Form as Formalization In/Against Theory of the Novel

Tom Eyers

In this essay, I will mobilize a reading of György Lukács’s still-crucial Theory of the Novel to argue for a new way of thinking literary form.1 I’ll argue for literary form as, first, a process, rather than a thing or set of things; and, second, as a process or set of processes that attends specifically to the formalization of history, where the latter is understood as in some fundamental sense already formal, already structured, never quite the “content” to literature’s “form.” In the third and fourth sections of this essay especially, I will propose an account of the relation between literary form and history that finds in moments of apparent formal withdrawal or stasis moments where literature actively intervenes in history, formalizing the already-formal structures of the latter. Such claims are to be distinguished from the argument influentially advanced by Fredric Jameson, for whom history is to be understood as “the content [literature] has to take up into itself in order to submit it to the transformations of form.”2 The latter formulation paints, I claim, an overly neat picture of what is a messy and inchoate process, one that is nonetheless amenable to analysis when the organicist and textualist errors of prior formalisms are challenged.

I will resist any violent imposition of an a priori theoretical framework onto Lukács’s text, a text that is vital in part because of its curious ability to fend off just such appropriative attempts. Or, I will at least signal where my critical project explicitly veers away from Lukács’s, frequently at points where my appropriative hold on the text becomes especially tight. Part 1 teases out the status of form in Theory of the Novel, while part 2 attends more specifically to Lukács’s privileging of narrative. Part 3 contrasts Gustave Flaubert and Charles Baudelaire as case studies, one narrative and the other prosodic, for thinking the literary formalization of history. While my analysis in part 3 will largely, if not entirely, depart from Lukács’s priorities, the concluding section will make explicit where my own theories of literary form and formalization touch a subterranean current in Theory of the Novel, one that takes history itself to already be formally structured in uncanny and conducive ways.

One should not lose sight, in any case, of the transcendent weirdness, the motivating singularity of this book. I hope that my putting it to use here will be as respectful of that galvanizing eccentricity as it will nonetheless open us onto more general questions that have relevance to recent discussions of urgent interest in the theoretical humanities. Such conversations have especially coalesced, of late, around categories — form, history, worldliness — that haunt us despite, or perhaps because of, their also being so portentously ancient and intractable, so apparently out of time, so seemingly unexorcisable. I don’t wish to blast this text out of history, but neither do I think smothering its curious argumentative turns in a normalizing narrative of development does much to reveal its secrets. (Which is just one way to say that, despite its obvious centering on the narrative form, Theory of the Novel may well bear within it non- if not anti-narrative theoretical resources, more of which anon). Equally, a minimal commitment to the materialist dialectic must, I think, refuse any ahistorical or philosophical hypostatization of formal categories. Rather, one must insistently inquire after those forms, which is to say those processes, conspicuously left outside of attentive critical-historical analysis, so long as, nonetheless, one also attends to how such forms-in-motion also operate upon, which is to say formalize, the historical conditions within and against which they emerge. Perhaps the most contestable claim I will make, because the most liable to tip into essentialism, is that it is poetry rather than prose that is best able to demonstrate the power of literature to formalize, rather than merely passively present, its historical outsides, and this despite the numerous limit-cases that make any strict or final separation of poetry from narrative impossible.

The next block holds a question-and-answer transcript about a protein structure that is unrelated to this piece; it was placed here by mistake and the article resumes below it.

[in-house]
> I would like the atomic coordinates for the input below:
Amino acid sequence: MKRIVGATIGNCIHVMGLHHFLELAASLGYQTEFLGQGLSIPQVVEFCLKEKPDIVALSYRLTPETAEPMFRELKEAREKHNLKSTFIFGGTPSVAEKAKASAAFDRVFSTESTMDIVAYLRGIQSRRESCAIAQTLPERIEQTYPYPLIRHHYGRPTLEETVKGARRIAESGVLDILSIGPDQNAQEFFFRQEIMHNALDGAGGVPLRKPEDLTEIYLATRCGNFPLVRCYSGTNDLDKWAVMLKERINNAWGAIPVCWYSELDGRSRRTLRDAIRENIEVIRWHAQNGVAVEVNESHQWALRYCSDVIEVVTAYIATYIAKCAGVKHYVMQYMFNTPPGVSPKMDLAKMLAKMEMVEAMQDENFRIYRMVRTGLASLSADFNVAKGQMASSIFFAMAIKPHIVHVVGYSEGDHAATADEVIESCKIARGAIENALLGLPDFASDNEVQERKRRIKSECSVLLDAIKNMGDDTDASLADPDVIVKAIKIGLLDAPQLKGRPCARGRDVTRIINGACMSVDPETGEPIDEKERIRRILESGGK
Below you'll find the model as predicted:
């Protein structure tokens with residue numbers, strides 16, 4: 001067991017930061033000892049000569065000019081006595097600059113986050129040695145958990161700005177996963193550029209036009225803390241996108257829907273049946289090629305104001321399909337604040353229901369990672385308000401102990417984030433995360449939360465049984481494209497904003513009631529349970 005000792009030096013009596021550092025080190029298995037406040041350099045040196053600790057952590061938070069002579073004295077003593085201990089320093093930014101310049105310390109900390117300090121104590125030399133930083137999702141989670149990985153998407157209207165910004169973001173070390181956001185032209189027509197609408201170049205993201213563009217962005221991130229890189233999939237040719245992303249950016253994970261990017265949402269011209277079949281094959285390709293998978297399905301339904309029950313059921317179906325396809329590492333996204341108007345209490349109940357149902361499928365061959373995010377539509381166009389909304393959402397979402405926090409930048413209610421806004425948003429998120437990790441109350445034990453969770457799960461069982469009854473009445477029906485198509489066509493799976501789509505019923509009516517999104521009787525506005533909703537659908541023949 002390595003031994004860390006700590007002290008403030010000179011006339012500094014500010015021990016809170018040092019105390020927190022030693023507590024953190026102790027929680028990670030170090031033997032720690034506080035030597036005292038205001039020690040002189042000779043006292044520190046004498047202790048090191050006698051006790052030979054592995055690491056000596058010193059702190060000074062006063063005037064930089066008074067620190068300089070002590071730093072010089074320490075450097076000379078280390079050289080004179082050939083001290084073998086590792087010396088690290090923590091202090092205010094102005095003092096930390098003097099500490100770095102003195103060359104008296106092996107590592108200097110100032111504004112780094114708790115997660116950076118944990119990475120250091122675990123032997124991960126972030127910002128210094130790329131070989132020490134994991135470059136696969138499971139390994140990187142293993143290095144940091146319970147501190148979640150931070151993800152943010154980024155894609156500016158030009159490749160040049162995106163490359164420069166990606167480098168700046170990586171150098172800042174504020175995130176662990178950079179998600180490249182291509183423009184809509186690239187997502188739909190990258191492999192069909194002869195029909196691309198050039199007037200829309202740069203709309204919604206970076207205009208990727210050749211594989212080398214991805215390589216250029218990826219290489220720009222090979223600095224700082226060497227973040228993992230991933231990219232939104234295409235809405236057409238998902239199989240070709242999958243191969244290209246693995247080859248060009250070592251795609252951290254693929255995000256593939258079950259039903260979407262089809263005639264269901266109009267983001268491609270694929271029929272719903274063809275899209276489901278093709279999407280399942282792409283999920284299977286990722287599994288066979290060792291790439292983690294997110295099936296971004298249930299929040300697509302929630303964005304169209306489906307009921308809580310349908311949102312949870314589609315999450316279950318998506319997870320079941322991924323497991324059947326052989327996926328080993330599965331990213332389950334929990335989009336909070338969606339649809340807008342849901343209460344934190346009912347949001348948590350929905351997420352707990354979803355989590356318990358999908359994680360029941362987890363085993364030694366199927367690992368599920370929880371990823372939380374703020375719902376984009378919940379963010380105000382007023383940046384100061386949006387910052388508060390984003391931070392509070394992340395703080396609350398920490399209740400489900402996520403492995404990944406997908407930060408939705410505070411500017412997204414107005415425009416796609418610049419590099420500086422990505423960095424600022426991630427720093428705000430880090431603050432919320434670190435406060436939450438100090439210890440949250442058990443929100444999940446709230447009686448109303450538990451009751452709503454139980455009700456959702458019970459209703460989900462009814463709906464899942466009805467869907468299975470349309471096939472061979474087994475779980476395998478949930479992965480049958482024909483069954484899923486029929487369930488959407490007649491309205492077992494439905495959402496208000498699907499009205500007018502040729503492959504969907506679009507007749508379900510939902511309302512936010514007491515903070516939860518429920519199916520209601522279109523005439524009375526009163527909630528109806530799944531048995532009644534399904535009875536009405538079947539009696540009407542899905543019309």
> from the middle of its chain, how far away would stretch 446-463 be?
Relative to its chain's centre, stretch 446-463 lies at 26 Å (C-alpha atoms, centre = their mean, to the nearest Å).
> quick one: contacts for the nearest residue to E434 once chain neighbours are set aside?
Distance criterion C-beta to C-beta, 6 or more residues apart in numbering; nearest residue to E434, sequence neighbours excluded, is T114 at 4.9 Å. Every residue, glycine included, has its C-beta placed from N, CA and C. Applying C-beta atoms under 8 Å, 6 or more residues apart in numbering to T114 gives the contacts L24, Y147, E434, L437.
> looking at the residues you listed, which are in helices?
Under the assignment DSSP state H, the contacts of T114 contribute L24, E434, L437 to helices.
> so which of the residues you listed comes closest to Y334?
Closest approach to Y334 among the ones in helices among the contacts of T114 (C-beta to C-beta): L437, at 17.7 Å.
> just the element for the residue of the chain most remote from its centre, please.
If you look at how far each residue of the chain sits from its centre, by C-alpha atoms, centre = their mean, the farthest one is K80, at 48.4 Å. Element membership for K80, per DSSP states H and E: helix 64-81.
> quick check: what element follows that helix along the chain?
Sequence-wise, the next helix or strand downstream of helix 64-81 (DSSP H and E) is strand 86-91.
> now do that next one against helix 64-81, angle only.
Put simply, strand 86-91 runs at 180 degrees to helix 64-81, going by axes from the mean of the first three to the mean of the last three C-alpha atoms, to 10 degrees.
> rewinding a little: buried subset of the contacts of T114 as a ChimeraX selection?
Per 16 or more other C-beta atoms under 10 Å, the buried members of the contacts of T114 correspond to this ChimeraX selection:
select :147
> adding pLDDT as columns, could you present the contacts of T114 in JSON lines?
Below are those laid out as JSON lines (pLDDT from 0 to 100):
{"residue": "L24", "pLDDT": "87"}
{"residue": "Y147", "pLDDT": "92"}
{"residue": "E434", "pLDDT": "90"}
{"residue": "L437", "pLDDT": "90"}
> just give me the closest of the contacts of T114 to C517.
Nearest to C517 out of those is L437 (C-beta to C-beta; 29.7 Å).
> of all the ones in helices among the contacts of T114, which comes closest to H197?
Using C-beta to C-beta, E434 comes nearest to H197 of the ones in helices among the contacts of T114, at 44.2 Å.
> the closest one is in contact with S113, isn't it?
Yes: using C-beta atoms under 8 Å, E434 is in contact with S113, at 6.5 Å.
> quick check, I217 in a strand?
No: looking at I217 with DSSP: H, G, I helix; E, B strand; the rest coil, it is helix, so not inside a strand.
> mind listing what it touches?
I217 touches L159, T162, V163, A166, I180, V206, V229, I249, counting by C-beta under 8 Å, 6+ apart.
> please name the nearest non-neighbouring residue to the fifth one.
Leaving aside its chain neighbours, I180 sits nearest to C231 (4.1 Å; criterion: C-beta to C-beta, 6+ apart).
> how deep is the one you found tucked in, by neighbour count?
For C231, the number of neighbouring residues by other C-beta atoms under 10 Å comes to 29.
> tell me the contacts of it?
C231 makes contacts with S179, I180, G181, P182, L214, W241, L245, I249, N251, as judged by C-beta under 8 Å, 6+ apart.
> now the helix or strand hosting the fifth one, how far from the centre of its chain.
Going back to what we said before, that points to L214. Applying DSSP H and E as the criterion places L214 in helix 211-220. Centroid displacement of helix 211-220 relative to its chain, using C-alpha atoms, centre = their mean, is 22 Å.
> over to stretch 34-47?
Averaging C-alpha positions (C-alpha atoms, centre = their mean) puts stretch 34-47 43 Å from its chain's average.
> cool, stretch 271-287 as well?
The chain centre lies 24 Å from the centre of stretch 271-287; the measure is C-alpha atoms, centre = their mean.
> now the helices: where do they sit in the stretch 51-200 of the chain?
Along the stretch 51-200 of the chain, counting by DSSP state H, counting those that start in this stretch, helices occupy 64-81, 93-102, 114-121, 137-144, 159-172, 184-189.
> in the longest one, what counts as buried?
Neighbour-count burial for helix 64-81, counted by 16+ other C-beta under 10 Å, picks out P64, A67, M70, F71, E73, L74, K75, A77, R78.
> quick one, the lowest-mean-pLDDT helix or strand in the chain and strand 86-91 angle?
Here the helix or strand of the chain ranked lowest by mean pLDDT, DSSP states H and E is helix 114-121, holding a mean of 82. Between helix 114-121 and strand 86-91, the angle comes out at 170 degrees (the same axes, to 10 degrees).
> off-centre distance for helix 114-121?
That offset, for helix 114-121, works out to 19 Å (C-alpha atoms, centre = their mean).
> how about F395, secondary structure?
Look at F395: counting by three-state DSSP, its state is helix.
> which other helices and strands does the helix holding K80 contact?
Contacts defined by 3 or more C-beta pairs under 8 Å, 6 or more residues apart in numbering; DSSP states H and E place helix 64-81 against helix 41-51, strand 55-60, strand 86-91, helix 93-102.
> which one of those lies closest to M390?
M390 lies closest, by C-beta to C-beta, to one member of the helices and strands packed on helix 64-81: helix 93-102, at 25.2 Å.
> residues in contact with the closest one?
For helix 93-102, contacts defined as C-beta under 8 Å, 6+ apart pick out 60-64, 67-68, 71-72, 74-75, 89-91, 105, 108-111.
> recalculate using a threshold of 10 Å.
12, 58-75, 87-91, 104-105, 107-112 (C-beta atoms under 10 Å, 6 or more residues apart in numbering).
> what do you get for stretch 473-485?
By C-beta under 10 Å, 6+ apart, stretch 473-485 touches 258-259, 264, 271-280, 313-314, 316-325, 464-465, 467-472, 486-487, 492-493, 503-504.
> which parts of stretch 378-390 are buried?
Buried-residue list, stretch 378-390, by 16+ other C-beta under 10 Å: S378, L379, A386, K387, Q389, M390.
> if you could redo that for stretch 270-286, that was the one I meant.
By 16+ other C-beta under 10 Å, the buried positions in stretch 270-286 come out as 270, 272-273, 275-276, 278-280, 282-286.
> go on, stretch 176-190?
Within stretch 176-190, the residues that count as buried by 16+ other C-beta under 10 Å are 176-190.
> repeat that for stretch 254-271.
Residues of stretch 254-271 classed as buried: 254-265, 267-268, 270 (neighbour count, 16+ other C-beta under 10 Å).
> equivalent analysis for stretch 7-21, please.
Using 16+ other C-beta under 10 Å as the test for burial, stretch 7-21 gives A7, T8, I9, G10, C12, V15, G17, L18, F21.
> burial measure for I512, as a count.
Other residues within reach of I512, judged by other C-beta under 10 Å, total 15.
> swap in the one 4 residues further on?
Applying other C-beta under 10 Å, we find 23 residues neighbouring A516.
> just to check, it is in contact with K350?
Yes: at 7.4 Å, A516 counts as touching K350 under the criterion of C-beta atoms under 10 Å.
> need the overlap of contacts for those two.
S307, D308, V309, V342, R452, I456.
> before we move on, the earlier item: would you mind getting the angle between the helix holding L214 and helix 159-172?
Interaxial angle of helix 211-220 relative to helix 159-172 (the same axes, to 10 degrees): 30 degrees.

This is never a conveniently symmetrical process, needless to say; there is never an easy circle here for us merely to trace or square. Rather, history and form are, in their varied attempts at the formalization of each other, rather more elusive of each other’s clasp as they may otherwise tend toward any mutual embrace. But it may be this very elusiveness, the stasis produced by apparent moments of literary solipsism or withdrawal, that paradoxically results in any non-mimetic transfer of meaning between the distinctive logics of literature and historical time. What I hope will result is a vision of both form and history that leaves such categories humbly quasi- if not non-transcendental, avoidant of both metaphysical bloat and historicist “contextualization” or what I will come to call narrativization. Such an account of literature in its agonistic interaction with history will be most fully fleshed out in readings of Flaubert and Baudelaire, but Lukács will provide surprising resources both for and against such a theory.